Few events create an environment of complete emotional concession. Everyone remembers the shared experience immediately following 9/11. We were in such a fragile emotional state we abandoned our selfish inclinations and embraced community like never before. These are beautiful times, but they aren't meant to last. If we allow a rogue citizen to steal a parking spot without threatening physical harm, even after we have waited patiently and applied the turn signal to make our intentions known, the terrorists have won.
Becoming a parent has a similar effect. You emerge with a redefined purpose and the strongest feeling of unity imaginable, which in turn leads a grown man to say things he never could have imagined just a few short months ago:
"Absolutely, Baby. Let's go to Hobby Lobby."
When you're about to become a parent, people say, "your life will never be the same, it will be so much better!" That is correct, with one exception - every single second spent inside Hobby Lobby feels like the Seventh Circle of Hell when you have a baby in tow.
Unless your hobbies require floral arrangements or acrylic paints, there is a better than average chance this particular lobby is not your cup of tea to begin with. Women utilize the store for their floral, craft, and scrapbooking needs. Men utilize the store to decorate the doghouse they reside in because while their wife was visiting her parents, they drank beer and watched football all weekend instead of getting the house picked up...which was the one thing they had to do...and that shouldn't be too much to ask...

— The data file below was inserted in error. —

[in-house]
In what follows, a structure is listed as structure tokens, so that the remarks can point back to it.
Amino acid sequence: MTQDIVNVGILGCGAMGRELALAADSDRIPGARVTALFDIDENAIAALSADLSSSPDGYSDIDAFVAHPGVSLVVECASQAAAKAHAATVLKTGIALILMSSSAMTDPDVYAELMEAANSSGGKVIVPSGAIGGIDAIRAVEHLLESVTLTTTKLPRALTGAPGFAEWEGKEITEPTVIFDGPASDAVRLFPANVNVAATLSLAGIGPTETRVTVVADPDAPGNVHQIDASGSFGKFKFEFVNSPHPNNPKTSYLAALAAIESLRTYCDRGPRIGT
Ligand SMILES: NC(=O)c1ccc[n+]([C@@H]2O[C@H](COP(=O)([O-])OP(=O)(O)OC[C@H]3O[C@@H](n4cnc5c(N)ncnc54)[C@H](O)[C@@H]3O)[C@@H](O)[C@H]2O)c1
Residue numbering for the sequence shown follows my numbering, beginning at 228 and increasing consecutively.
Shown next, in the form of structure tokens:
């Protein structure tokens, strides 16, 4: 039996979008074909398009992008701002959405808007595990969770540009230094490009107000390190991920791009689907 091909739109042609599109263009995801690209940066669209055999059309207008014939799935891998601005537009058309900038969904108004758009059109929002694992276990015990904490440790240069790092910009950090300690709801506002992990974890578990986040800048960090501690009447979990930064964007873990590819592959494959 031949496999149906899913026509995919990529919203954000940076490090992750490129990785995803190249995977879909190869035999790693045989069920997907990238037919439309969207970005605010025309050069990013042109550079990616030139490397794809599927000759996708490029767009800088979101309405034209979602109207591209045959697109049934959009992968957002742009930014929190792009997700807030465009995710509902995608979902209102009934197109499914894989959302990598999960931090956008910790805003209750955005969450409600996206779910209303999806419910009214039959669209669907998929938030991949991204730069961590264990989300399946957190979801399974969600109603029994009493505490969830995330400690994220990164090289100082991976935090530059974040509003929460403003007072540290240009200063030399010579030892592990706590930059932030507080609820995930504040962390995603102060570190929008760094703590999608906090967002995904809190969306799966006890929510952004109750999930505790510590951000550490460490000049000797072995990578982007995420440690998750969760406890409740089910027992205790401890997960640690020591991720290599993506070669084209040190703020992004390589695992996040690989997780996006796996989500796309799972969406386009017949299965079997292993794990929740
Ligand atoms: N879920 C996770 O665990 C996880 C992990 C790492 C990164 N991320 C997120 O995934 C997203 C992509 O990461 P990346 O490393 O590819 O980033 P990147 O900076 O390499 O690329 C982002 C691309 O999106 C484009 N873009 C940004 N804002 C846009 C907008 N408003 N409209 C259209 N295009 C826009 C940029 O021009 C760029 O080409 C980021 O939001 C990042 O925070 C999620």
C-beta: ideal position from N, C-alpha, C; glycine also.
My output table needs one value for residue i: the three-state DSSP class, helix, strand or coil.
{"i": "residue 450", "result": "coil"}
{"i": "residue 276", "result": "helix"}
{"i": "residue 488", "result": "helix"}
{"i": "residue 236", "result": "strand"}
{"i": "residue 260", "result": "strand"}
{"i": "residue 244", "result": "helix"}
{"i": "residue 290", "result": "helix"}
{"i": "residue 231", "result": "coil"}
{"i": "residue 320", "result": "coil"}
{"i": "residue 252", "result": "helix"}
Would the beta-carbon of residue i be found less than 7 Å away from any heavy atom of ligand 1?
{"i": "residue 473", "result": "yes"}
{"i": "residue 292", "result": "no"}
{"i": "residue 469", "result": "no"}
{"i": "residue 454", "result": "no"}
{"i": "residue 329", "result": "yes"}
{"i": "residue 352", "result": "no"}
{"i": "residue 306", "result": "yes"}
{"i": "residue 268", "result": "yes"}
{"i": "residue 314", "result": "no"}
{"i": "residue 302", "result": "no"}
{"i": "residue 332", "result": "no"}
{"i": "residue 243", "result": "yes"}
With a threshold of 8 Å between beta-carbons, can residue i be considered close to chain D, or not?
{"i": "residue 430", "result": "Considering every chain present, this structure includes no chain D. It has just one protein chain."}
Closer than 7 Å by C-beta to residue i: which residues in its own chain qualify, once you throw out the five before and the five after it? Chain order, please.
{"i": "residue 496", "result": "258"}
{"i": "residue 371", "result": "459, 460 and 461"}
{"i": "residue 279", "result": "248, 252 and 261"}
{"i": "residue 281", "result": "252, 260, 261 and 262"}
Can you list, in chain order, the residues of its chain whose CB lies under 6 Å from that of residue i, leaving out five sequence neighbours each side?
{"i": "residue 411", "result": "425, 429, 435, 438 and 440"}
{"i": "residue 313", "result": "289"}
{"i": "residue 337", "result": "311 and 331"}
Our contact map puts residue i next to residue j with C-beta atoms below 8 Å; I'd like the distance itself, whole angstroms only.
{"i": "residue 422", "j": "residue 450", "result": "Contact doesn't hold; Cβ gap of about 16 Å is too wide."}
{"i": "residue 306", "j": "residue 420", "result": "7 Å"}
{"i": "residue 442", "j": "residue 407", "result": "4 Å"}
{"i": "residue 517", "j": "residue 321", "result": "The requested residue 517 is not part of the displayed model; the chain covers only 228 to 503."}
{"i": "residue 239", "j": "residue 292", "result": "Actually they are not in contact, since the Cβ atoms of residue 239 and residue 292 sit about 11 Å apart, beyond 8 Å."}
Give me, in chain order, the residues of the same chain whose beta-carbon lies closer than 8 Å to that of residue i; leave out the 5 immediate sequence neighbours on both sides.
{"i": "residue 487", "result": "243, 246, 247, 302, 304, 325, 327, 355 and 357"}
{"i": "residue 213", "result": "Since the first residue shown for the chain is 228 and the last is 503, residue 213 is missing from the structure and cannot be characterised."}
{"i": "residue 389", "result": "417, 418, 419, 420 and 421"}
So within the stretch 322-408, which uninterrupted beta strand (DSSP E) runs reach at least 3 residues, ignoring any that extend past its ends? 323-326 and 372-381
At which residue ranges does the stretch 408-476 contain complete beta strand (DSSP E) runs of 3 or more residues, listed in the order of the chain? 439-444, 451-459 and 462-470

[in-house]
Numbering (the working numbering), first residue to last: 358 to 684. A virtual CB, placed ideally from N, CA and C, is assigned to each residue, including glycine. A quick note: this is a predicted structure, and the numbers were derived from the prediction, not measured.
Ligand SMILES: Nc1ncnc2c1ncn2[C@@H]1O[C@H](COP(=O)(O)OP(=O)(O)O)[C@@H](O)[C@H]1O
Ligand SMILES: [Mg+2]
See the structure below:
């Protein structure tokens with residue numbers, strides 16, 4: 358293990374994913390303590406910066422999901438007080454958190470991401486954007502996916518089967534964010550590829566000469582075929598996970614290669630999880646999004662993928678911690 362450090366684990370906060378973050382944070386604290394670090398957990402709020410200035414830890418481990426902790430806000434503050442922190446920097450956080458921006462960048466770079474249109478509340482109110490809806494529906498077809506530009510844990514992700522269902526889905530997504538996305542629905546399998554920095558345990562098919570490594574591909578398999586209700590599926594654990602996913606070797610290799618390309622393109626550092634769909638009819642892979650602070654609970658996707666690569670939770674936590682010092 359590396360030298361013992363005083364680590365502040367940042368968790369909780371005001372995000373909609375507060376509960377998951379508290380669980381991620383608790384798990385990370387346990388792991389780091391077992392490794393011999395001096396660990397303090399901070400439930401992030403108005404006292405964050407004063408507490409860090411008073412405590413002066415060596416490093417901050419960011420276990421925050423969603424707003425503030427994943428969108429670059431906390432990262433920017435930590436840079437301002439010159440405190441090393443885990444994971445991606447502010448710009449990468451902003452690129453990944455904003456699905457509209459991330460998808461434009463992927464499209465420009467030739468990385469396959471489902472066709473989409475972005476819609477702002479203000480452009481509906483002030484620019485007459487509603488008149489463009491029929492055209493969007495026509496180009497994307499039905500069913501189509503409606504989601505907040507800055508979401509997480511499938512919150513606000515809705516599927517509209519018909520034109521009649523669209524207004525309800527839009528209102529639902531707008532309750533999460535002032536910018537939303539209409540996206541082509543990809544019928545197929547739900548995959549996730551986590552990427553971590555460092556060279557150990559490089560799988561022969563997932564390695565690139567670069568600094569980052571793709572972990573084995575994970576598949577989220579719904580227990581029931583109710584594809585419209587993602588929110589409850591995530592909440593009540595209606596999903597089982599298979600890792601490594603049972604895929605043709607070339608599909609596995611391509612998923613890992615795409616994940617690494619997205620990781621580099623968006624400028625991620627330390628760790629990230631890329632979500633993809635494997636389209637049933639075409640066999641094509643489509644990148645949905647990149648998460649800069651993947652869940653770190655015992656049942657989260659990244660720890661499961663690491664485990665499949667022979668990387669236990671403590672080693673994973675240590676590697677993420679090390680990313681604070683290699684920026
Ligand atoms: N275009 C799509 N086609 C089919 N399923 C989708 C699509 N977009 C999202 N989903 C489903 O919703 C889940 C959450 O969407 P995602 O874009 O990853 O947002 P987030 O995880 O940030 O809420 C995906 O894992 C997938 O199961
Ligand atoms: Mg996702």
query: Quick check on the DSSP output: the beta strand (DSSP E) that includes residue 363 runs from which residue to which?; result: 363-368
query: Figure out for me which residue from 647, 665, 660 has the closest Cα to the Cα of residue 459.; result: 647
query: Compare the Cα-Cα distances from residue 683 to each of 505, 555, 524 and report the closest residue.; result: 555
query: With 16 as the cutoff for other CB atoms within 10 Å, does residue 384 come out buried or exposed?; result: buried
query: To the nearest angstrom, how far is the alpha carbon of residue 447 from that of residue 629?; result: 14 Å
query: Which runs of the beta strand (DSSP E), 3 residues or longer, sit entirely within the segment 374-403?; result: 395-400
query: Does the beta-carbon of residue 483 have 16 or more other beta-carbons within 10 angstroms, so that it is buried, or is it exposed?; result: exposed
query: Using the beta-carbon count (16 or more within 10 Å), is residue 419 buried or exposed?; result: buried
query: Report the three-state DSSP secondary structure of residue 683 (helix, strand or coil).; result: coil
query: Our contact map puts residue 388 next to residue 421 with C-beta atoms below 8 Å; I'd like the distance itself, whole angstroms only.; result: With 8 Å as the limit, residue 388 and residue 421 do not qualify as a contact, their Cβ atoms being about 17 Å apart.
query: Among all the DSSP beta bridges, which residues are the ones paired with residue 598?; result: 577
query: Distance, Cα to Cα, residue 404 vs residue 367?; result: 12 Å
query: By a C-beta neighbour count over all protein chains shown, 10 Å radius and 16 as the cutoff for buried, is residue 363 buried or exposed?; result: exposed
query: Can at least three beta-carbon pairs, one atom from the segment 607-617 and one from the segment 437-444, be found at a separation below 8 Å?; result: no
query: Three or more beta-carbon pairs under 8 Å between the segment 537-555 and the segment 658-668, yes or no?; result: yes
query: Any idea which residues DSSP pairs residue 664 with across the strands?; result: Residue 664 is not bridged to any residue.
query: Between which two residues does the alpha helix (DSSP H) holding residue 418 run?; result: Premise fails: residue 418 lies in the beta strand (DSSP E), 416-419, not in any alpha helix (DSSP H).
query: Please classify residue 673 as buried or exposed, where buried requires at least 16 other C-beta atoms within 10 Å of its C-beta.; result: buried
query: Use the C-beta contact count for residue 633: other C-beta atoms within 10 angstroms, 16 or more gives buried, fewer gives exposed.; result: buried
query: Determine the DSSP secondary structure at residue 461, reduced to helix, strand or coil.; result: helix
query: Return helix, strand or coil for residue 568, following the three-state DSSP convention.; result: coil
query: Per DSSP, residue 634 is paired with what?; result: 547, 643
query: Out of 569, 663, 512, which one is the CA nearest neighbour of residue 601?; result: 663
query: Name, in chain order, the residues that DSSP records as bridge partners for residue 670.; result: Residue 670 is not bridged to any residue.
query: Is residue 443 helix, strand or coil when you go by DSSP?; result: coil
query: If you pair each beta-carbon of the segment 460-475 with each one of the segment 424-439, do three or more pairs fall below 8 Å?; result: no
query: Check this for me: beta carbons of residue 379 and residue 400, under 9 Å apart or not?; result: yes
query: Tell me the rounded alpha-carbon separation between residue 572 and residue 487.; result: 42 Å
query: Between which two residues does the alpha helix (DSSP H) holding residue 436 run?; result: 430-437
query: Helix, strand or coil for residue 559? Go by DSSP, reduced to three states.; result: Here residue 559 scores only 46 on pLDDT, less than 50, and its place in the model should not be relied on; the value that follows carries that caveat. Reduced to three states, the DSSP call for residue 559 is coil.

The euphoric high of fatherhood nullifies many of life's annoyances, but it couldn't make me enjoy Hobby Lobby any more than empathy could make me pull for the Yankees in the 2001 World Series. Sometimes you have to be confronted with something you despise to realize what a ridiculous emotional waste of manhood you've been, and inspire you to locate those testicles you haven't been putting to use.
I believe it was the moment shortly after Gabe finished his bottle and spit up all over my shirt that I was struck with this moment of clarity. As I pushed my son around the store, weaving in and out of elderly people, middle-aged women on a mission, and other men toting children and wondering how they got here, I caught my reflection in a lovely white lattice mirror.
"Holy shit, I look terrible and I know how to identify a white lattice mirror!"
I immediately found my wife and started hovering over her shoulder, a surefire way to tamp down the enjoyment of mulling a fabric purchase, thus getting us to the check-out counter while she plans a return trip without us.
I know I am too domesticated to get all the way back to the pre-baby version of myself, and that is probably a good thing. I'm happy to lend a hand around the house, and I actually don't mind watching televised singing competitions, like the rest of the old people that shop at Hobby Lobby.
Personal growth is all about balance. The next time Summer wants craft supplies I will just drop her off and take Gabe to the nearest sporting goods store. And if someone tries to steal a parking spot while wearing a Yankees hat and scrapbooking, I'll feel completely justified kicking the shit out of him.
It's all about balance.